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Cattle Vaccine Could Reduce E.Coli Cases

September 25, 2013
Food

Researchers from Scotland claim up to 85% of human cases of E.Coli O157 cases could be prevented by an effective programme of cattle vaccination. Whilst vacinnes currently exist, scientists are concerned that their adoption is being delayed by conflicting responsibilities of veterinary and public health agencies along with economic drivers. The most recent study on the subject concentrated on the transmission risk across the cattle-human species boundary and found that some cattle are ?supershedders?, excreting far greater quantities of the bacteria than others. Identification of these cattle by the genetic marker, stx2, can target vaccinations towards the animals that pose the greatest risk.

Professor David Gally from the Roslin Institute who was part of the research team explained more; “Our study also shows that E. coli producing the toxin type that causes the most serious and potentially lethal symptoms in humans is also associated with super-shedding from cattle. The more we discover about how the bacteria colonise cattle, the more we are able to target these processes to improve vaccines”. There are over 1,000 cases of foodborne illness relating to E.Coli each year with 10% of those being the E.Coli O157 strain. There are two E.Coli0 O157 vaccines on the market in North America – Econiche which blocks the protein that allows the bacteria to colonise in the gut has been fully licensed in Canada while EpitopixSRP which prevents the pathogen?s iron uptake has limited licensing in the United States.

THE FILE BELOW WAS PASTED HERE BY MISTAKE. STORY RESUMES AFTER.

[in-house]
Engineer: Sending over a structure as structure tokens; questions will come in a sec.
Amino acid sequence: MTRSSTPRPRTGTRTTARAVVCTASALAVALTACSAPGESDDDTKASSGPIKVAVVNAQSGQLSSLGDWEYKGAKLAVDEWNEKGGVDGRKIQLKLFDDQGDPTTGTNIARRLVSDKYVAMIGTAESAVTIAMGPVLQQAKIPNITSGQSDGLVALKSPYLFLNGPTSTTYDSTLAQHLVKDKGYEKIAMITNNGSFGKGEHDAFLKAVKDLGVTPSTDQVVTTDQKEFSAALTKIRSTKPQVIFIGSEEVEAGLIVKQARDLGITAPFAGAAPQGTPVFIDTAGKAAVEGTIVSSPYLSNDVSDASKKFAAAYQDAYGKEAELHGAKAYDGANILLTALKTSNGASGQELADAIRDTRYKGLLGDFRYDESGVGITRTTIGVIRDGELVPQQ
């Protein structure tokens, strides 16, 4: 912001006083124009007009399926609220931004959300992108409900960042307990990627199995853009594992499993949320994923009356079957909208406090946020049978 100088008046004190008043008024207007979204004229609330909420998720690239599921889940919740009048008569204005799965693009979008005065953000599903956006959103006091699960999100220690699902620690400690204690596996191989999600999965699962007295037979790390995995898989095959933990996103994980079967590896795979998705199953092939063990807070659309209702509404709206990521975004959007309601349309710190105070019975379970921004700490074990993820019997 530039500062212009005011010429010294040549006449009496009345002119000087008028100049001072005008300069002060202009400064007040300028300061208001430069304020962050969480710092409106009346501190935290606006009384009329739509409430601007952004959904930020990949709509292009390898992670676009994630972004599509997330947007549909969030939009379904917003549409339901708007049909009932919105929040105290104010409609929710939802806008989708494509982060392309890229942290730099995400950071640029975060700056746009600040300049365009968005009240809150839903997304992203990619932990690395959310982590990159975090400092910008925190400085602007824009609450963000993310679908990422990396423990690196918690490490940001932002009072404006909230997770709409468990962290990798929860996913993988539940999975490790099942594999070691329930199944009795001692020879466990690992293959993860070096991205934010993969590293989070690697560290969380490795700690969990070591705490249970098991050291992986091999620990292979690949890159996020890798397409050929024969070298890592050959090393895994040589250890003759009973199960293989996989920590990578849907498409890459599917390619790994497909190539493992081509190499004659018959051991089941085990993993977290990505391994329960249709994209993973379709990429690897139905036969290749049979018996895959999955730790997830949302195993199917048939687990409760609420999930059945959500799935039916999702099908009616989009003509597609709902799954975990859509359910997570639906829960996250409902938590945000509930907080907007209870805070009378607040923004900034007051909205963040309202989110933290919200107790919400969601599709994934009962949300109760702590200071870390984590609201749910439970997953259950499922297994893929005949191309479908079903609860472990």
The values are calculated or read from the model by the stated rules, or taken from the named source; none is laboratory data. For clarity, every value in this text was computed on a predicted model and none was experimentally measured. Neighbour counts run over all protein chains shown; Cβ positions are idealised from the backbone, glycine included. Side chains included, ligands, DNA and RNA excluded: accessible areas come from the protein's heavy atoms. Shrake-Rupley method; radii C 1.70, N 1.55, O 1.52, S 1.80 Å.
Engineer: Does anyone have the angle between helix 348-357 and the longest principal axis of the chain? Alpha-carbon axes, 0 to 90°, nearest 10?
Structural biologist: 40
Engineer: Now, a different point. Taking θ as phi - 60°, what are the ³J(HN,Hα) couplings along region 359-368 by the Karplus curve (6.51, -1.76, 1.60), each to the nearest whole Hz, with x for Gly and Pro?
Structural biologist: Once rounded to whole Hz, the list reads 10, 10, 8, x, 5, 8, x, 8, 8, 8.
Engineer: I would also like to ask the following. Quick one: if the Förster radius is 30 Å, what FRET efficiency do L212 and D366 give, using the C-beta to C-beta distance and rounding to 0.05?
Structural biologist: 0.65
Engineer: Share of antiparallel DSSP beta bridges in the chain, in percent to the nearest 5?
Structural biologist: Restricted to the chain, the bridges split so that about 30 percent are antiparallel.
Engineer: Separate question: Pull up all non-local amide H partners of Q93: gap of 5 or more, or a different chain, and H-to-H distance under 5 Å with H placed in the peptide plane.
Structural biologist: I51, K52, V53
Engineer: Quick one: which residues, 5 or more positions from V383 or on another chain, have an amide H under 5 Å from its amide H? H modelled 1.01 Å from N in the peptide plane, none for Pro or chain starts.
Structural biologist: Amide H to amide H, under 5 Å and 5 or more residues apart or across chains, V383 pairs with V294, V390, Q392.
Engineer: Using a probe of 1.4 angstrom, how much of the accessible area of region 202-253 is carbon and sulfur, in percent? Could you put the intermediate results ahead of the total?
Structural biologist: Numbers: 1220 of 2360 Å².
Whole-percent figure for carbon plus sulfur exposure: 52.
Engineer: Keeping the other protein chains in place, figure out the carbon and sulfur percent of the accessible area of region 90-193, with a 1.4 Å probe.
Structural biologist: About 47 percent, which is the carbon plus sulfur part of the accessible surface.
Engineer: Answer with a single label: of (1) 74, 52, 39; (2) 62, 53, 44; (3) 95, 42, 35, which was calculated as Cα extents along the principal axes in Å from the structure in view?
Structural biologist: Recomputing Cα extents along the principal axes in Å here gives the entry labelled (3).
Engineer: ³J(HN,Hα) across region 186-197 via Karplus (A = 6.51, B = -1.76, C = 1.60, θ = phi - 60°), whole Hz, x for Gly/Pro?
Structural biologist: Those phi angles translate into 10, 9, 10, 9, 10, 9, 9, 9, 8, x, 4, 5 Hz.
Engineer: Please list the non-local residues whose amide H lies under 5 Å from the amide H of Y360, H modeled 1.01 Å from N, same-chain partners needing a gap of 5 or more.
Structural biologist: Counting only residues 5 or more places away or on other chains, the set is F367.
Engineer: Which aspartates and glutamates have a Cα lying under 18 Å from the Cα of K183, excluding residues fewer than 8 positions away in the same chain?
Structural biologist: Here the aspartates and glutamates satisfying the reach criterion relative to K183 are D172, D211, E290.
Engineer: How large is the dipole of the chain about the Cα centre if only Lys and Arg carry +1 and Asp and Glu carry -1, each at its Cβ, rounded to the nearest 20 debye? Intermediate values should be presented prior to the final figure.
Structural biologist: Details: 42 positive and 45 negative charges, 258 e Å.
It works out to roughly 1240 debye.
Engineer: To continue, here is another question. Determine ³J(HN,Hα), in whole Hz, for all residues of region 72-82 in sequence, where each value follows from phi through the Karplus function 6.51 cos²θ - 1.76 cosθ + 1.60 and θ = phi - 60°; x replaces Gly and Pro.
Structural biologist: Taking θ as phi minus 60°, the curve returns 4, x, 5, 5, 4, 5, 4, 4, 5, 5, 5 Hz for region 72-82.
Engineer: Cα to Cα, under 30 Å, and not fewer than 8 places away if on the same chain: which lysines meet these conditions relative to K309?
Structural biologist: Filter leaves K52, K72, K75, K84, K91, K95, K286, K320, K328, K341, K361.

Predicting the public health benefit of vaccinating cattle against Escherichia coli O157 can be downloaded from: http://www.pnas.org/content/early/2013/09/10/1304978110.abstract

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